Because she’d never played before, she needed help from her coach to know where to go and what to do.  At times she’d really get in there and mix it up, fighting for the ball and playing solid defense.  However, other times she seemed unsure of herself and became more of an onlooker than an active participant.  I was confused by her on-again, off-again performance.  Why the difference?

Then the answer came to me: Conflicting ideals.

For the past 8-years we’ve been telling Isabelle to play nice, share with others and to make sure everyone gets a turn.  Now all of a sudden we’re telling her to be aggressive, steal the ball and get physical.

Clearly, there is a discrepancy between how, throughout her entire life, she’s been told to conduct herself and how we’re telling her to behave on the field.

So, who could blame the kid for being a bit apprehensive?

As grown ups, we struggle with conflicting ideals too.  My family is my top priority, but I work all the time.  There are always chores to get done and errands to run, but what ever happened to having fun?  And it sure would be nice to enjoy some much-needed R&R, but what about the importance of hitting the gym?

Our lives operate on limited timeframes and a slew of conflicting ideals.  As such, like Isabelle last Saturday, sometimes we find ourselves engaged one moment and paralyzed the next.

It’s a grueling balance to understand, maintain and act upon.

Following the game, which we lost 5-1, I asked Isabelle how she felt.

“I did my best.”
“That’s all any of us can do sweetie.”

Indeed, that’s all we can do friends.  Well, that and learn how to do a bicycle kick.  Now that’s cool!

Sunday, September 1, 2013

Things can be different

I took the family to Hershey, PA last weekend.  By that I of course mean that I rode shotgun while the girls watched movies in the back and Casey fed me potato chips with one hand while driving with the other (and you thought texting was dangerous!).

After checking into the Hershey Lodge, we took our complimentary chocolate bars from the front desk and headed to Hershey Park to ride roller coasters.  Now, while amusement parks aren’t necessarily my thing per se, people love going with me because I can bypass the lines and take them in through the exits (waiting an hour to ride a 90-second coaster is for chumps, lol).  It’s a nice perk and because being in a wheelchair doesn’t really have a lot of perks (minus the good parking) it’s important to take advantage of the benefits whenever they present themselves.  And so it was that I strapped on the park’s official “this guy’s disabled” wristband and started making the rounds with Casey and the girls.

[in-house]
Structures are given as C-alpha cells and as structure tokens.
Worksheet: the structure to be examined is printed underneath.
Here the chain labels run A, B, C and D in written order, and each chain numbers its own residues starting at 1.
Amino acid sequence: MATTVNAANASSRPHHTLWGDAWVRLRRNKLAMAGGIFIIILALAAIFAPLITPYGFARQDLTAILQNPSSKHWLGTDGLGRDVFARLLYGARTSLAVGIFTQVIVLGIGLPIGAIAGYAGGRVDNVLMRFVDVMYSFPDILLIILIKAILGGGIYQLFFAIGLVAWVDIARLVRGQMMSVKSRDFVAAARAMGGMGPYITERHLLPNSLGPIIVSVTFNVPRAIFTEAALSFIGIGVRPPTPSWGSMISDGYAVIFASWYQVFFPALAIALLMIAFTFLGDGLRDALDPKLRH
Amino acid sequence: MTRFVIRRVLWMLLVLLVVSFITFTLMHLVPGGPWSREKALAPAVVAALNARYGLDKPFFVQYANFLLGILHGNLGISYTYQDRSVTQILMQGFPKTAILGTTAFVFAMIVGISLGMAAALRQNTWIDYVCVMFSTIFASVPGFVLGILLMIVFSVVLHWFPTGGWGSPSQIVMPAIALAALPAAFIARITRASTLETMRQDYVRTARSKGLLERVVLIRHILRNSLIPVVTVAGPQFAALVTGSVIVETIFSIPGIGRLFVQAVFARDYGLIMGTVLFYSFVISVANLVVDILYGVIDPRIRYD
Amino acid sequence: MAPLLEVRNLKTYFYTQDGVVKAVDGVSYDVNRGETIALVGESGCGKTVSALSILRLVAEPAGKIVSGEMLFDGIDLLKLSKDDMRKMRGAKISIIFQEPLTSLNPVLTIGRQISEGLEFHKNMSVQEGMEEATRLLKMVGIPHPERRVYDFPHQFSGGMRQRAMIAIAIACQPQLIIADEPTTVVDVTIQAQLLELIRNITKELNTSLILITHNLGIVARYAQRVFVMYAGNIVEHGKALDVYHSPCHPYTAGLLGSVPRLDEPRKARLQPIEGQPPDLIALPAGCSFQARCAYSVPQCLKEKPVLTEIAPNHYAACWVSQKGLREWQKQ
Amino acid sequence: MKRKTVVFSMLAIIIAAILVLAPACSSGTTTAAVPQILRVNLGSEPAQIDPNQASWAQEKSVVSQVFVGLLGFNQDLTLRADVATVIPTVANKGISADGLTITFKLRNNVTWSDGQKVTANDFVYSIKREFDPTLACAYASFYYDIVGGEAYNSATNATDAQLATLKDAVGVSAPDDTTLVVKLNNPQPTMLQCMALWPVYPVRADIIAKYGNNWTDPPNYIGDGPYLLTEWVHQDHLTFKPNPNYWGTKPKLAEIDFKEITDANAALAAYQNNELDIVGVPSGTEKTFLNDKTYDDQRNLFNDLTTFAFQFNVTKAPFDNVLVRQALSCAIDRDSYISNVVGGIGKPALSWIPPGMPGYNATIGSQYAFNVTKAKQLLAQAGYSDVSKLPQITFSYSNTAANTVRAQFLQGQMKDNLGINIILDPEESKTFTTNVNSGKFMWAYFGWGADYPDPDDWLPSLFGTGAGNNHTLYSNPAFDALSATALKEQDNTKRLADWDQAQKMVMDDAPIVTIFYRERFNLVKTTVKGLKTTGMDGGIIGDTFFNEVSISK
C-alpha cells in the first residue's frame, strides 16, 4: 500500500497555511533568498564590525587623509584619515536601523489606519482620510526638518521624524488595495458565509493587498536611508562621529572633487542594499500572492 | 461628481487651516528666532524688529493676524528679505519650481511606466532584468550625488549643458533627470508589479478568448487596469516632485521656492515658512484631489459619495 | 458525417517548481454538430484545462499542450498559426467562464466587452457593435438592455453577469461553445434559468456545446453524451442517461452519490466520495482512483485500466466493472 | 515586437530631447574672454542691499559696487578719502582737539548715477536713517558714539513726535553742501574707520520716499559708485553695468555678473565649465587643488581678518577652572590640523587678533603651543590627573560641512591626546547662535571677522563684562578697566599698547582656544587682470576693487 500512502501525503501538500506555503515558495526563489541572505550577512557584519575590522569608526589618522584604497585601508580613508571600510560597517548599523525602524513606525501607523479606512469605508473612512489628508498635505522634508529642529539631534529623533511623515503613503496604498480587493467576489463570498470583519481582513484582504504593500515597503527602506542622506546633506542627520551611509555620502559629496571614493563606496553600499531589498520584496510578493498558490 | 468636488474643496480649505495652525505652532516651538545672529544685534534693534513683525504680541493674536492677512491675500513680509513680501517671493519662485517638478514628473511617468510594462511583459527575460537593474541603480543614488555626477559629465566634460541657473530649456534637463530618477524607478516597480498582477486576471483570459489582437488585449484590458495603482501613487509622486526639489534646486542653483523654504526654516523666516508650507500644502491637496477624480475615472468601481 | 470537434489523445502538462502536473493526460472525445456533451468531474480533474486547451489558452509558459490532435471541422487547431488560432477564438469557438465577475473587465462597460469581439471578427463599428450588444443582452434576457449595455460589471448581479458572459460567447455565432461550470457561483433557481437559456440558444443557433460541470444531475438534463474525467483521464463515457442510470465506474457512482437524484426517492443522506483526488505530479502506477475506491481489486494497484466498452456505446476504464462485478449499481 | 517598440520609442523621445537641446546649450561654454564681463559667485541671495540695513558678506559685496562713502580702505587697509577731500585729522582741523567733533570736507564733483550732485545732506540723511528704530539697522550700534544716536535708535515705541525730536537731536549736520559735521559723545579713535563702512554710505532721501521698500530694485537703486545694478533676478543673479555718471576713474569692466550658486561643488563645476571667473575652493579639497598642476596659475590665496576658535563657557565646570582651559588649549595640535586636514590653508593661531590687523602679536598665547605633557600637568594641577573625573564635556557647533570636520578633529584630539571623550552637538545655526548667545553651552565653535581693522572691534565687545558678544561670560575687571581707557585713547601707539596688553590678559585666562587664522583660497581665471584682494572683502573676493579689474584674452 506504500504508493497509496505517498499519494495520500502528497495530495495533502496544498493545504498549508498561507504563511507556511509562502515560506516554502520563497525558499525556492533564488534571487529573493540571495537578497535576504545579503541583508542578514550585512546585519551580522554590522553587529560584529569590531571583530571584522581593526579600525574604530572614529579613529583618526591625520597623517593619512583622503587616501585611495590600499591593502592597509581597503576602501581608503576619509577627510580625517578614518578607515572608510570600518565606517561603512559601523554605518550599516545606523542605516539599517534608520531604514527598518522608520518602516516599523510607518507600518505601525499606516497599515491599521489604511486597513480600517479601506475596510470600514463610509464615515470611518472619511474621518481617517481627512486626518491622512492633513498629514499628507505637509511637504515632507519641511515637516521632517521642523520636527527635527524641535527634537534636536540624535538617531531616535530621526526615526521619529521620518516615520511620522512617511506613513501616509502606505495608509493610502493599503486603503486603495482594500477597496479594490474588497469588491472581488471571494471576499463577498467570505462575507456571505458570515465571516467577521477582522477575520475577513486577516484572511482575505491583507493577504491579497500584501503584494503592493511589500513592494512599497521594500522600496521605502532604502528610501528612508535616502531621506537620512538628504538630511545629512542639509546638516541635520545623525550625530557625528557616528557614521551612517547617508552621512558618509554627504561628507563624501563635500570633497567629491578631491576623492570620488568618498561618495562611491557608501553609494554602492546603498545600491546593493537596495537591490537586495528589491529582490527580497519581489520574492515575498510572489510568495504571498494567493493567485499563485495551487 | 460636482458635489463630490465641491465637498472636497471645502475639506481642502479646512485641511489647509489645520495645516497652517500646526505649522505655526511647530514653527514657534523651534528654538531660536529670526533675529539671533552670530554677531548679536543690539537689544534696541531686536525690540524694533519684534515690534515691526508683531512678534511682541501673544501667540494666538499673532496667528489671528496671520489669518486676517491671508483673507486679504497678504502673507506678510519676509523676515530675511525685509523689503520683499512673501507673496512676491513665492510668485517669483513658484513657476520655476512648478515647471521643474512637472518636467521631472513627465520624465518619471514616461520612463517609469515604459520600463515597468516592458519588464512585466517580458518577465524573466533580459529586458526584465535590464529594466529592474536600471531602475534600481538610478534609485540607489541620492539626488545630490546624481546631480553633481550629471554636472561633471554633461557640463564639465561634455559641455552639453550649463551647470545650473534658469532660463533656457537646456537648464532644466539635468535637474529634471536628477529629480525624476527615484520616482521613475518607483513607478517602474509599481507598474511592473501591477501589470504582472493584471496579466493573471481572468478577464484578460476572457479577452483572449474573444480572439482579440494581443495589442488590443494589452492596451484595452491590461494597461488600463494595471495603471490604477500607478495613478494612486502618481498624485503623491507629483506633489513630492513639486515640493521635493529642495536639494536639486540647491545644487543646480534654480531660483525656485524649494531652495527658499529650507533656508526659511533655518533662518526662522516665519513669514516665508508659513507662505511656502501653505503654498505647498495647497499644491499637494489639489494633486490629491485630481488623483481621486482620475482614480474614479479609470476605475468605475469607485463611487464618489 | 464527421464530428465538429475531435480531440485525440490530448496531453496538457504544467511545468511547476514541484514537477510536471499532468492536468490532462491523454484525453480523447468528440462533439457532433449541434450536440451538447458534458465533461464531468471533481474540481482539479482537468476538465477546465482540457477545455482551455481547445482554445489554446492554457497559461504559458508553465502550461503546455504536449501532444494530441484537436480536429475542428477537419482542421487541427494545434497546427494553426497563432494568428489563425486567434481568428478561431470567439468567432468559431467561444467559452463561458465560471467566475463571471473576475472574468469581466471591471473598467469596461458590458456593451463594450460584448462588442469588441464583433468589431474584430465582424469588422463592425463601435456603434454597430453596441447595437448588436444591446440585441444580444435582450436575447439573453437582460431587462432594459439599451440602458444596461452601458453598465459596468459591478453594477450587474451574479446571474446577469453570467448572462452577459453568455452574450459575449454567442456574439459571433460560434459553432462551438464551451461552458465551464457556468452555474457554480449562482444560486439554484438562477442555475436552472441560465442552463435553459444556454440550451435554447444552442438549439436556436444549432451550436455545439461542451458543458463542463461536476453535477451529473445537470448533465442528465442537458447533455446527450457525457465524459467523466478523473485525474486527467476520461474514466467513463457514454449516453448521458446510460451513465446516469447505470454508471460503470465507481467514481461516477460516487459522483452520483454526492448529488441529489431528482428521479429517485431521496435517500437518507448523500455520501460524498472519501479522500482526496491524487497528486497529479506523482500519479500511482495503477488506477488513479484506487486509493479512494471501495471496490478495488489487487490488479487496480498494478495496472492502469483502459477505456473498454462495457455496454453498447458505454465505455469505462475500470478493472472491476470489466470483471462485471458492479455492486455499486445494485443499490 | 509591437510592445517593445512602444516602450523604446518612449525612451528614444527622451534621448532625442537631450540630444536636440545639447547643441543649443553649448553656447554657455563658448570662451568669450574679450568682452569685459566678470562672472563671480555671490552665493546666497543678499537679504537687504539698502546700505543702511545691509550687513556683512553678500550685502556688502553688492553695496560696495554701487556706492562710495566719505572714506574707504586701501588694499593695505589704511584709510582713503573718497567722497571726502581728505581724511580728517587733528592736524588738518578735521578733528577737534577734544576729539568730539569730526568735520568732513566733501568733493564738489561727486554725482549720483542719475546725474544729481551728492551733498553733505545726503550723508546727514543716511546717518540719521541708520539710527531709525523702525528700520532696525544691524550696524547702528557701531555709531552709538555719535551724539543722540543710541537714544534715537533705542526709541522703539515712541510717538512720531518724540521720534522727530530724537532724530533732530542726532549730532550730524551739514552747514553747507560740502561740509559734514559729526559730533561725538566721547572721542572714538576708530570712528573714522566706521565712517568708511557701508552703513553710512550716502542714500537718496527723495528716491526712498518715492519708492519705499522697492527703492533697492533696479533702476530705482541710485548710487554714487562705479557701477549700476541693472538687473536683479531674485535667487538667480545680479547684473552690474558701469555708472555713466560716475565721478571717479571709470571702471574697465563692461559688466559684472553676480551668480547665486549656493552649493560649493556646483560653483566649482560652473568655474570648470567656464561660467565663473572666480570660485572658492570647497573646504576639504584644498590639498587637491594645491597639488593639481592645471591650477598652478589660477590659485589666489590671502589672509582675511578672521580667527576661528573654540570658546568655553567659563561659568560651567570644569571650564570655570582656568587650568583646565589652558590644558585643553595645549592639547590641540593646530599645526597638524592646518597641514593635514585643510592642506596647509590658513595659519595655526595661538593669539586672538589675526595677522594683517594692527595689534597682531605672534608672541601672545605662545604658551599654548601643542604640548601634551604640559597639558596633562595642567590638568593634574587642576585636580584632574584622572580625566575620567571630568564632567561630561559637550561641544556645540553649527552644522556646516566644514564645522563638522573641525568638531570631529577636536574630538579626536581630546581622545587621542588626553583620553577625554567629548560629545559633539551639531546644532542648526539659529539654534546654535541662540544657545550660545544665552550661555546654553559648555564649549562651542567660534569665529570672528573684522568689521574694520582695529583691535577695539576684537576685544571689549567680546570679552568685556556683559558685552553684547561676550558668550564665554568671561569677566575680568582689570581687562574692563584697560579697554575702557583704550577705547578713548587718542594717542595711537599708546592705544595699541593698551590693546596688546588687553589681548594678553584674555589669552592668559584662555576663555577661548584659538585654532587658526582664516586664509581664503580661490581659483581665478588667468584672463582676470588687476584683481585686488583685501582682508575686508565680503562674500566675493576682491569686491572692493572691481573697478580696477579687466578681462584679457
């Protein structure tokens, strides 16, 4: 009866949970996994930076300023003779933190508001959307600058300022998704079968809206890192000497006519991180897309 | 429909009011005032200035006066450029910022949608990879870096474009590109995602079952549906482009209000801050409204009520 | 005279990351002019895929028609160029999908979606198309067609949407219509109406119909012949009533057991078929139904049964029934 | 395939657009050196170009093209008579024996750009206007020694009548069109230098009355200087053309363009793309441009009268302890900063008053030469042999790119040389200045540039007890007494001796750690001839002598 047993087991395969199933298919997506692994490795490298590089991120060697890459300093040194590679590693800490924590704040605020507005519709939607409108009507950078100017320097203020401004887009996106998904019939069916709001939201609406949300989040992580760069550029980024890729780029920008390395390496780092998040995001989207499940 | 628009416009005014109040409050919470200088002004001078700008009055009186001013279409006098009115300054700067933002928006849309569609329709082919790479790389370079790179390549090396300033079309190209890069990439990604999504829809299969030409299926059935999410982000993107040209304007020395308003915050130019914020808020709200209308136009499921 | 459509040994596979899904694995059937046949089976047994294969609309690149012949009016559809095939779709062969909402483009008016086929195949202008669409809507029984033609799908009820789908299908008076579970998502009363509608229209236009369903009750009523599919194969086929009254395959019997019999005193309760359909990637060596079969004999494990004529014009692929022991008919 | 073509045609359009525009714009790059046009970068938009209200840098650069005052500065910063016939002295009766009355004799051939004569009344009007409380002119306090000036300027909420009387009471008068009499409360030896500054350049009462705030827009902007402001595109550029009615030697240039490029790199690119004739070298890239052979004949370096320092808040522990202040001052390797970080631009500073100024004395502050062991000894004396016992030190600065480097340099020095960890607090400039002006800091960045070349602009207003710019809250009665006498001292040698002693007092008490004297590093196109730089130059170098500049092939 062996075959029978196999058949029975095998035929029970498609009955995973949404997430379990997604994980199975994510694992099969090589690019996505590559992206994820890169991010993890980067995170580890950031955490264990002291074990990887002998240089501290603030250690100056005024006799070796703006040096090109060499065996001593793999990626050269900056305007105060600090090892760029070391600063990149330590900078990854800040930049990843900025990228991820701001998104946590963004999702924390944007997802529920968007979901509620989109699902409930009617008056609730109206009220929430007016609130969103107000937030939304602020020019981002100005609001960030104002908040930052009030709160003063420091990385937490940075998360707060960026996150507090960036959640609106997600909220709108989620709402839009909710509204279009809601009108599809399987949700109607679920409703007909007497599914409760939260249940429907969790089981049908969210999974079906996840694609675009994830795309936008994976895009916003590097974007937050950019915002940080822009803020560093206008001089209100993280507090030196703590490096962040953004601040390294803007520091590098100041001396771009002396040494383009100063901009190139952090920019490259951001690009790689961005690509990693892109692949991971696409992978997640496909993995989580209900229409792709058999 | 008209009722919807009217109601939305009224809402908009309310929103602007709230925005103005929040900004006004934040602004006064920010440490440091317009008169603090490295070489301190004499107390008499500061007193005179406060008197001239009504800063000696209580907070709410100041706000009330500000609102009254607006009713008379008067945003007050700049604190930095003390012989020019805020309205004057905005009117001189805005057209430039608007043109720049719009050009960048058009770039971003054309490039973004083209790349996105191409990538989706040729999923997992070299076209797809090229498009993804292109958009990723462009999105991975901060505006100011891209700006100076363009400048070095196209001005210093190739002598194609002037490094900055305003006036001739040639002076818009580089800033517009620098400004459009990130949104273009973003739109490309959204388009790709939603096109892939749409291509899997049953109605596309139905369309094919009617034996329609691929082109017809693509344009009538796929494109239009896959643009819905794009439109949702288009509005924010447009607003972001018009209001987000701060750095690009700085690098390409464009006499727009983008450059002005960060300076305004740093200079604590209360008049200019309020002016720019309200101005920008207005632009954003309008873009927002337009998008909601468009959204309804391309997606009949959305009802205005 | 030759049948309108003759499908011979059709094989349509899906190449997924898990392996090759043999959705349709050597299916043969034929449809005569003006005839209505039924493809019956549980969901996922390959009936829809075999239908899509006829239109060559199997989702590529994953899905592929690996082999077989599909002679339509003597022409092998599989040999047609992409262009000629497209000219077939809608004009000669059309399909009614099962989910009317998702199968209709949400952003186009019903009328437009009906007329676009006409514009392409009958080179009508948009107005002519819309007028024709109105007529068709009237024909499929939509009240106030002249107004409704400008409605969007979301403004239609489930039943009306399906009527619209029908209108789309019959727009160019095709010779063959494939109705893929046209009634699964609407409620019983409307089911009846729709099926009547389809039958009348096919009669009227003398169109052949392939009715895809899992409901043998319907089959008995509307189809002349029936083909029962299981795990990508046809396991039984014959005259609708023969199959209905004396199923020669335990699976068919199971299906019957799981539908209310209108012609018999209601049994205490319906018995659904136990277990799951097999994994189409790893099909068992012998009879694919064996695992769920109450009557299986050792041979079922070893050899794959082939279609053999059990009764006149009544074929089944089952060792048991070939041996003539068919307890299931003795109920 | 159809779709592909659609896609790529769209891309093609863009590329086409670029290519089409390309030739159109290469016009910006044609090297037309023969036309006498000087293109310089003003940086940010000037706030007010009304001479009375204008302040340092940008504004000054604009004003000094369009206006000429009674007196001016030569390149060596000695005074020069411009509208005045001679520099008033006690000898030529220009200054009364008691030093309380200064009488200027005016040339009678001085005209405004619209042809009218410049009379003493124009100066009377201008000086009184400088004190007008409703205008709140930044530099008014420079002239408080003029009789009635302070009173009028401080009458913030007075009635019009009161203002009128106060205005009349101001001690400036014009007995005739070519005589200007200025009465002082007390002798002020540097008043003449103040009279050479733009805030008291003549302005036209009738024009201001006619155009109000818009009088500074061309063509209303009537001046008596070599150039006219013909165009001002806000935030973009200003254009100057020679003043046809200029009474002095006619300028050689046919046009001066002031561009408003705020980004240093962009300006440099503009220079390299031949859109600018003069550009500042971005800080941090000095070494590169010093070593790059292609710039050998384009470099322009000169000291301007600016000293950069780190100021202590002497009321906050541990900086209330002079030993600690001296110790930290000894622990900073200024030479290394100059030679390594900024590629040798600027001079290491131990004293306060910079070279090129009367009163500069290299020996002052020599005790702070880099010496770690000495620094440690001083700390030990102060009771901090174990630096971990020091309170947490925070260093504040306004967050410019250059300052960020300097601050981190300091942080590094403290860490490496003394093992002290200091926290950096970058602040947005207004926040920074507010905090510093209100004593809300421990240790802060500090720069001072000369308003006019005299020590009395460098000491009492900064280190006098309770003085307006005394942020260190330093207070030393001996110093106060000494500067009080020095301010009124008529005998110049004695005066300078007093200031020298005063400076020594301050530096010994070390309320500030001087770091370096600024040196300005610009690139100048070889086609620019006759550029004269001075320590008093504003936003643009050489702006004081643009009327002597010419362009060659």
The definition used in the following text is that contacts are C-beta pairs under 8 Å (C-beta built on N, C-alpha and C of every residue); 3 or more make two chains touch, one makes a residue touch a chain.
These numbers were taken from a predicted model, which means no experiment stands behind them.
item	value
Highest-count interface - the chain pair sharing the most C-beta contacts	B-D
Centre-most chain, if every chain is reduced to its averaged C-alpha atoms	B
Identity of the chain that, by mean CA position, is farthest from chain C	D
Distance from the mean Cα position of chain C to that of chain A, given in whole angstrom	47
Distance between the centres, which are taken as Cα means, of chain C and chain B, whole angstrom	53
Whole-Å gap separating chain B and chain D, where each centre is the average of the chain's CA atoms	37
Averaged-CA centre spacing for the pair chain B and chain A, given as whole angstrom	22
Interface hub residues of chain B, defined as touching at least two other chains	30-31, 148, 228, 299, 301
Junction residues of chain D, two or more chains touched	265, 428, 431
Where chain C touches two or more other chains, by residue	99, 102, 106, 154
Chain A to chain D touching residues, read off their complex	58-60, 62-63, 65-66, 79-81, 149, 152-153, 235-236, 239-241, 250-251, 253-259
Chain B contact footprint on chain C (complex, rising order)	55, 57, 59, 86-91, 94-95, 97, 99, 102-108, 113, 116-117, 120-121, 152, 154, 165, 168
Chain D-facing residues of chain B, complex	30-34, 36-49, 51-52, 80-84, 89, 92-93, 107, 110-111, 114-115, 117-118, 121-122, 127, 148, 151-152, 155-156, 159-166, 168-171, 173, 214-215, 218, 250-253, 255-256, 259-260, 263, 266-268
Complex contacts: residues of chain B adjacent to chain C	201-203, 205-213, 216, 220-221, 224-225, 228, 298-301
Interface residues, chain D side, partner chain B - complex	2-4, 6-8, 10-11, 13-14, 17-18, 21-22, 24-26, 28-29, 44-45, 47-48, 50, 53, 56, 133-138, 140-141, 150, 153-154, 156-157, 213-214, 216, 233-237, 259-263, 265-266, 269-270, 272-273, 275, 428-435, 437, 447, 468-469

How’d it go?  Well, Sammy summed it up when she asked Casey “Mommy, have you ever been so scared on a roller coaster that you peed your pants?”  Everyone stayed dry, but that doesn’t mean they didn’t freak out a few times.  Oh to be young again!

Hours later, after slaying every ride they were tall enough to ride, mama-bear and I carried out our exhausted adventurers and headed back to the hotel.

As thrilling as our first day was, our second day was an entirely different kind of adventure.  That’s because it was then that I fulfilled my actual purpose in being there, which was to provide a keynote address at a conference sponsored by the Muscular Dystrophy Association.

In speaking to the audience, which consisted of adults with neuromuscular diseases, I focused my remarks on achieving personal and professional success.  In sharing my own struggles, challenges and successes with them, I hoped to provide them with a certain level of inspiration, encouragement and strength.  I wanted to show them that someone “like them” who had lived their life from a wheelchair had still managed to defeat the odds and carve out a successful and fulfilling life.  It hadn’t been easy, but it was possible.

In the middle of my talk, Casey came in with the girls, which only served to reinforce my message.

Following my speech, several people came up to speak with me and Casey.  One of them, the mother of a talented young man with a similar form of Muscular Dystrophy as the type I have, threw her arms around Casey.  With tears running down her face she said, “Just to know that things can be different means everything.”

Her happiness came in learning that her son could go to college, work and have a family.  That knowledge meant the world and before leaving she whispered one more time “Things can be different,” smiled and, along with her son, went on her way.

My friends, I’m here to tell you that no matter how hard your life’s path can feel, things can be different.  And, assuming we do our part, they will be.

Here’s to hoping that each of our situations and circumstances will be different, and in a wonderful way, as we travel through this crazy thing we call life.

Tuesday, August 6, 2013

Food for thought

Isabelle came up to me last week around 5:30pm and in a very mature way told me she wanted to spend more individual time with me.

“You know.  Like, just you and me.  Not Sammy or Mommy.”
“Yeah baby, individual time.  I gotcha.”

When I asked her what we should do, she replied without hesitation.

“I want to pack a picnic and eat dinner at the park.”
“Sounds good.  When?”

What can I say?  The kid knows what she wants.